Contributions to New York’s limitless campaign accounts soared 24 percent over six years, jumping to a total of $87 million, a report today found.
New York has a porous campaign-finance system and among the highest contribution limits in the country. It also has something else: Housekeeping accounts set up by political parties that can accept a limitless amount of cash.
And the money has come pouring in, a report from Common Cause/NY found.
“They are making out like bandits under the current system,” said Susan Lerner, the group’s executive director.
Good-government groups called for a ban on so-called “soft-money” contributions as part of a broader package of campaign-finance laws being proposed at the Capitol.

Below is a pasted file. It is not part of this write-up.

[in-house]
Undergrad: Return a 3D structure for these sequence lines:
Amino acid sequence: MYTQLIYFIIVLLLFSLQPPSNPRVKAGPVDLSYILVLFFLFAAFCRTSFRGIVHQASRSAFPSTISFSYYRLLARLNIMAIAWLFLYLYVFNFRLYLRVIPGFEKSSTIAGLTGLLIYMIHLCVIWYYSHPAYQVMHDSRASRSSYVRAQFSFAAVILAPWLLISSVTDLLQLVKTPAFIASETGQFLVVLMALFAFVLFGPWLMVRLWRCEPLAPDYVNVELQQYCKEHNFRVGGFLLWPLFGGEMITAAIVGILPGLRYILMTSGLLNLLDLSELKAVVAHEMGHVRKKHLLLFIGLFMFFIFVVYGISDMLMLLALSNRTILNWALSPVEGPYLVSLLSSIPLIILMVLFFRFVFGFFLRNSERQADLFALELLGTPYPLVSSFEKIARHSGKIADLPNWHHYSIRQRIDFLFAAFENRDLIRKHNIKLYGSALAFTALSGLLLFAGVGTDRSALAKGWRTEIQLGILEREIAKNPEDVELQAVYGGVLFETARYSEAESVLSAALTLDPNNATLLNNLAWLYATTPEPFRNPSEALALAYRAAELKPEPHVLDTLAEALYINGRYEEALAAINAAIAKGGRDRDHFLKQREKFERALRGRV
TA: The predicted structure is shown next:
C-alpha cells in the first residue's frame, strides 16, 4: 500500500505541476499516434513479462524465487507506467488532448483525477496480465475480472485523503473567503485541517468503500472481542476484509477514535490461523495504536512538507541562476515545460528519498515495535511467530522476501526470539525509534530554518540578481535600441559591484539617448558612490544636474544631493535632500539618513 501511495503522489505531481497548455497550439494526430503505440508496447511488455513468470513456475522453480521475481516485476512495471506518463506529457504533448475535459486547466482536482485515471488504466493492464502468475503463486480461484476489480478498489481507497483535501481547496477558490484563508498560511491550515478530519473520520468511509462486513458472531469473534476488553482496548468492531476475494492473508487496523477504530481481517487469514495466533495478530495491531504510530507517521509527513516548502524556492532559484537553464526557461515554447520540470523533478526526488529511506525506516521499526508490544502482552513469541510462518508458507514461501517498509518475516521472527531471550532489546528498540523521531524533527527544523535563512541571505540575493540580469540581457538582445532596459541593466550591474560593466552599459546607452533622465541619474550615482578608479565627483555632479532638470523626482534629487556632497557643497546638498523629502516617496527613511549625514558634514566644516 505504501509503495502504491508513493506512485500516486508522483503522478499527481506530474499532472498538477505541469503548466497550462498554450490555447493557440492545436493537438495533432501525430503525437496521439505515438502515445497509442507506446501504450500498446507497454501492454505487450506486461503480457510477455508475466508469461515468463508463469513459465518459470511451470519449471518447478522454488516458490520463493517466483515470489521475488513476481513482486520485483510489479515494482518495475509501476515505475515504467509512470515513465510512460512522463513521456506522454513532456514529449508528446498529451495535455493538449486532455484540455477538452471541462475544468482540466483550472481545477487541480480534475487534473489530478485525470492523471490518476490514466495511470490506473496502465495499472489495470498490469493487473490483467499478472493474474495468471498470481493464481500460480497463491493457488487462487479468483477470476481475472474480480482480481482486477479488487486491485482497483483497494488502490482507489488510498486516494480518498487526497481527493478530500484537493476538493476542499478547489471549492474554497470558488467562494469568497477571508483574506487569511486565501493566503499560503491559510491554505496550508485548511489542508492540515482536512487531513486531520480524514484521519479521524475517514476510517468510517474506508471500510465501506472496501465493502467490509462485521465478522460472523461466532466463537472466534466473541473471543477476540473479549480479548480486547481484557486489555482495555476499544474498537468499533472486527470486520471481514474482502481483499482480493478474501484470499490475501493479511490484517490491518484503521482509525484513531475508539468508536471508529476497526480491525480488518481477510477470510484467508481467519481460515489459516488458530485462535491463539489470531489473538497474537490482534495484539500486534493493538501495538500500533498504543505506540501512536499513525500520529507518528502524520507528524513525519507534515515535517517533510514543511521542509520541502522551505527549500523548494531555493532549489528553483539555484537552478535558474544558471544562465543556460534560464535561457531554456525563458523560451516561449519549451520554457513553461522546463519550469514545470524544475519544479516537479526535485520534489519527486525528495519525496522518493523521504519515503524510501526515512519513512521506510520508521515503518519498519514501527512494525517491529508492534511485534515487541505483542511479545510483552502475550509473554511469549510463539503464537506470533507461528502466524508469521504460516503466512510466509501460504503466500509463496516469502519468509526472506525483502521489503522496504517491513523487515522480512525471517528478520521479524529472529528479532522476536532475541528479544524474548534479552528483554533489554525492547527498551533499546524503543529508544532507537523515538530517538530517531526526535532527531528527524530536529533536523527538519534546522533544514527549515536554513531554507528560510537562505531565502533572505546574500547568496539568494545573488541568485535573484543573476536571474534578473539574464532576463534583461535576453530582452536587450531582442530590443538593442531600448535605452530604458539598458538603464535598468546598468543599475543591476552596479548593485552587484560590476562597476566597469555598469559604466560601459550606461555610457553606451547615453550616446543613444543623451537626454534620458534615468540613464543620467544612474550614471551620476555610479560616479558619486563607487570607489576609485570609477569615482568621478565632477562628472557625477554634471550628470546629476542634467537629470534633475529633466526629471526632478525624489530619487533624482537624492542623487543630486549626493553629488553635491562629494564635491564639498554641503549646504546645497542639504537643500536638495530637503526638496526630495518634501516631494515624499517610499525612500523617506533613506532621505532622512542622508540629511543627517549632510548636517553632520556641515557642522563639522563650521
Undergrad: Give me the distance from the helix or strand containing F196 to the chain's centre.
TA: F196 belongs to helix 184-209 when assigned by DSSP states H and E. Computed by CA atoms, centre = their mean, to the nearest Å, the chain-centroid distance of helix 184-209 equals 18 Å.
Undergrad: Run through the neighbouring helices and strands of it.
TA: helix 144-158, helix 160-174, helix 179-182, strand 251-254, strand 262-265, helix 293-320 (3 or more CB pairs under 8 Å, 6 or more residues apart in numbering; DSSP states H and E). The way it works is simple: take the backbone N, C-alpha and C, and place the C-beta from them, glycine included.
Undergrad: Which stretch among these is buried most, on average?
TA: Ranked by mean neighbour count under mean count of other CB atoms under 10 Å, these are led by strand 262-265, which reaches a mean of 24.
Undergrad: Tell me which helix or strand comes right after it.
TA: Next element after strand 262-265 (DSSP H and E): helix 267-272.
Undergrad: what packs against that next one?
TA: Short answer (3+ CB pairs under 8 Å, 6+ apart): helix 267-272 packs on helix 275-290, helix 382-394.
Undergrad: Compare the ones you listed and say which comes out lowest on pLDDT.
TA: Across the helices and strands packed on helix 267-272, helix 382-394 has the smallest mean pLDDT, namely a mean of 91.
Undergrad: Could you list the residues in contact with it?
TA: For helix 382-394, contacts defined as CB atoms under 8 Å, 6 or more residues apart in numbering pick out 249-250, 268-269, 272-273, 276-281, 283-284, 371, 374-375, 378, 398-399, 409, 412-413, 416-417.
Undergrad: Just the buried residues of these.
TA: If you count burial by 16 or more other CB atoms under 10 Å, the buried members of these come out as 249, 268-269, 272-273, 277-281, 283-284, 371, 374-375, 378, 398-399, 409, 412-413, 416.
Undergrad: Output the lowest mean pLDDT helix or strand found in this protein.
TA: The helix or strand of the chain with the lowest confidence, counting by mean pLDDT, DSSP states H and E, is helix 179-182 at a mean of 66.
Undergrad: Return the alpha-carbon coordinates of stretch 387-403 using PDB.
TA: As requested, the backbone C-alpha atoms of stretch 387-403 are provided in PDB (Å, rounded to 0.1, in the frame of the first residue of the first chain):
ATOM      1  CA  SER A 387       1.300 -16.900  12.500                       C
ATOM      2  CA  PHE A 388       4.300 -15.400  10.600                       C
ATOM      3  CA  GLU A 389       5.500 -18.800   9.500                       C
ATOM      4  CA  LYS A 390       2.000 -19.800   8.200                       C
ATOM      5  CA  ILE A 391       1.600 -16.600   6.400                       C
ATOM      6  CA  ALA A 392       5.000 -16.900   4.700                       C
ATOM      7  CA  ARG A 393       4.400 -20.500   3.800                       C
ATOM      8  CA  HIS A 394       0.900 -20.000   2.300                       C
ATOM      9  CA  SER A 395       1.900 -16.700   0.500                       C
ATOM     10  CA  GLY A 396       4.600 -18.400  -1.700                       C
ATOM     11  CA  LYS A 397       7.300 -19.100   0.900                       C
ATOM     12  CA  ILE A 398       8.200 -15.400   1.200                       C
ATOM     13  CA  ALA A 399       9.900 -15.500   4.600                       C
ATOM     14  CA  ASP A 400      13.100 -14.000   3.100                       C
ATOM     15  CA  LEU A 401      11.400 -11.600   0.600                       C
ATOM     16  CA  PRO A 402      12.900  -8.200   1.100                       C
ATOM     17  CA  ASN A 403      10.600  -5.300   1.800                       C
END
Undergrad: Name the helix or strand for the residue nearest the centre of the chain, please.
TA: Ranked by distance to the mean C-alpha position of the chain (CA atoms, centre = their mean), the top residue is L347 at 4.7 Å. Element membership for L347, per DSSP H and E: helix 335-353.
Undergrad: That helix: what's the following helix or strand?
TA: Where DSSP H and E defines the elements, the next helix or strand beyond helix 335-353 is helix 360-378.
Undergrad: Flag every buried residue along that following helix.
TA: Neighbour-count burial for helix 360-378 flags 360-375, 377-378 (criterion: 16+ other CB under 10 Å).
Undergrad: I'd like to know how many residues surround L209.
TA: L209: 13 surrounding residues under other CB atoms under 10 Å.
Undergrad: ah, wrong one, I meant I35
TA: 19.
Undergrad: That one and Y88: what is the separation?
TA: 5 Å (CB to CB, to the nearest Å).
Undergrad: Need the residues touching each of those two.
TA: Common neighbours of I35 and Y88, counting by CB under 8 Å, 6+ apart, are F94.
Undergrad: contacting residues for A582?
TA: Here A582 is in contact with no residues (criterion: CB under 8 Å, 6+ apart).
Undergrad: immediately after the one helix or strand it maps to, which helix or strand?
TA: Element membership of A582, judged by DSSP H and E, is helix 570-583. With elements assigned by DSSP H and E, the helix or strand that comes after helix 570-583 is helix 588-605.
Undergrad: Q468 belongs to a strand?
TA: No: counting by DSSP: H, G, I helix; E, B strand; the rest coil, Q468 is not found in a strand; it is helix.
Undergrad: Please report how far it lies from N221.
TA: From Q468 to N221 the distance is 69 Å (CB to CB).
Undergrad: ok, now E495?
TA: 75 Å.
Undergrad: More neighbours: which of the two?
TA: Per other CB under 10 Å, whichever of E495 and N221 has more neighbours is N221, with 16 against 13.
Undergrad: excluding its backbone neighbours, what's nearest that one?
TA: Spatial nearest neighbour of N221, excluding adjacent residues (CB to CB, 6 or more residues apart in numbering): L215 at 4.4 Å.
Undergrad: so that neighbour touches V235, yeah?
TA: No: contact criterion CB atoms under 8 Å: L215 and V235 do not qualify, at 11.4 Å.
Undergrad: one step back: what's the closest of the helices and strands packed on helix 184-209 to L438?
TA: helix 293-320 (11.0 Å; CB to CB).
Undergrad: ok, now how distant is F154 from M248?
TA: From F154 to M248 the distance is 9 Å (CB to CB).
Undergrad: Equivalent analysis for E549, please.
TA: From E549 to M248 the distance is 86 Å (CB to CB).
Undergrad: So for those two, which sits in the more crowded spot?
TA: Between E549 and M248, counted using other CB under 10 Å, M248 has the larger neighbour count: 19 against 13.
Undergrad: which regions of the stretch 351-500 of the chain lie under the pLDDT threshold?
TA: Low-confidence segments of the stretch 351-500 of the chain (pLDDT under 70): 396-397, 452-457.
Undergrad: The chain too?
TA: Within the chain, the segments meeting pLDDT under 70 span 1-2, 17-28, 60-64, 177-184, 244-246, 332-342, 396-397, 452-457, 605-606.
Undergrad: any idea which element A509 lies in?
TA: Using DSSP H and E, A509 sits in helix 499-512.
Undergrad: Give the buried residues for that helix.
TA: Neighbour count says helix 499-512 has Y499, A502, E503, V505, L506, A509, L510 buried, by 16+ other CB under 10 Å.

Housekeeping accounts have long drawn the ire of reform groups because big-money contributors can pump an endless flow of cash into them. The money is supposed to be used only for “party-building activities,” but the law is often flouted, the groups said.
Between 1999 and 2005, donors gave nearly $47 million to the soft-money committees of the state parties and the state Legislature. It grew to $58 million over the next six years, the report said, and $87 million when all committees are included.
At the county level, the Monroe County Republican Committee received the most in the state: $4.4 million, outpacing the New York City parties. The Rochester-based construction firm The Pike Co. ranked 33rd on the list of top soft-money donors.
“That really deserves a study of its own,” Brian Paul, the report’s author, said of the Monroe County GOP. “They have a set of a few dozen donors that give huge amounts every year.”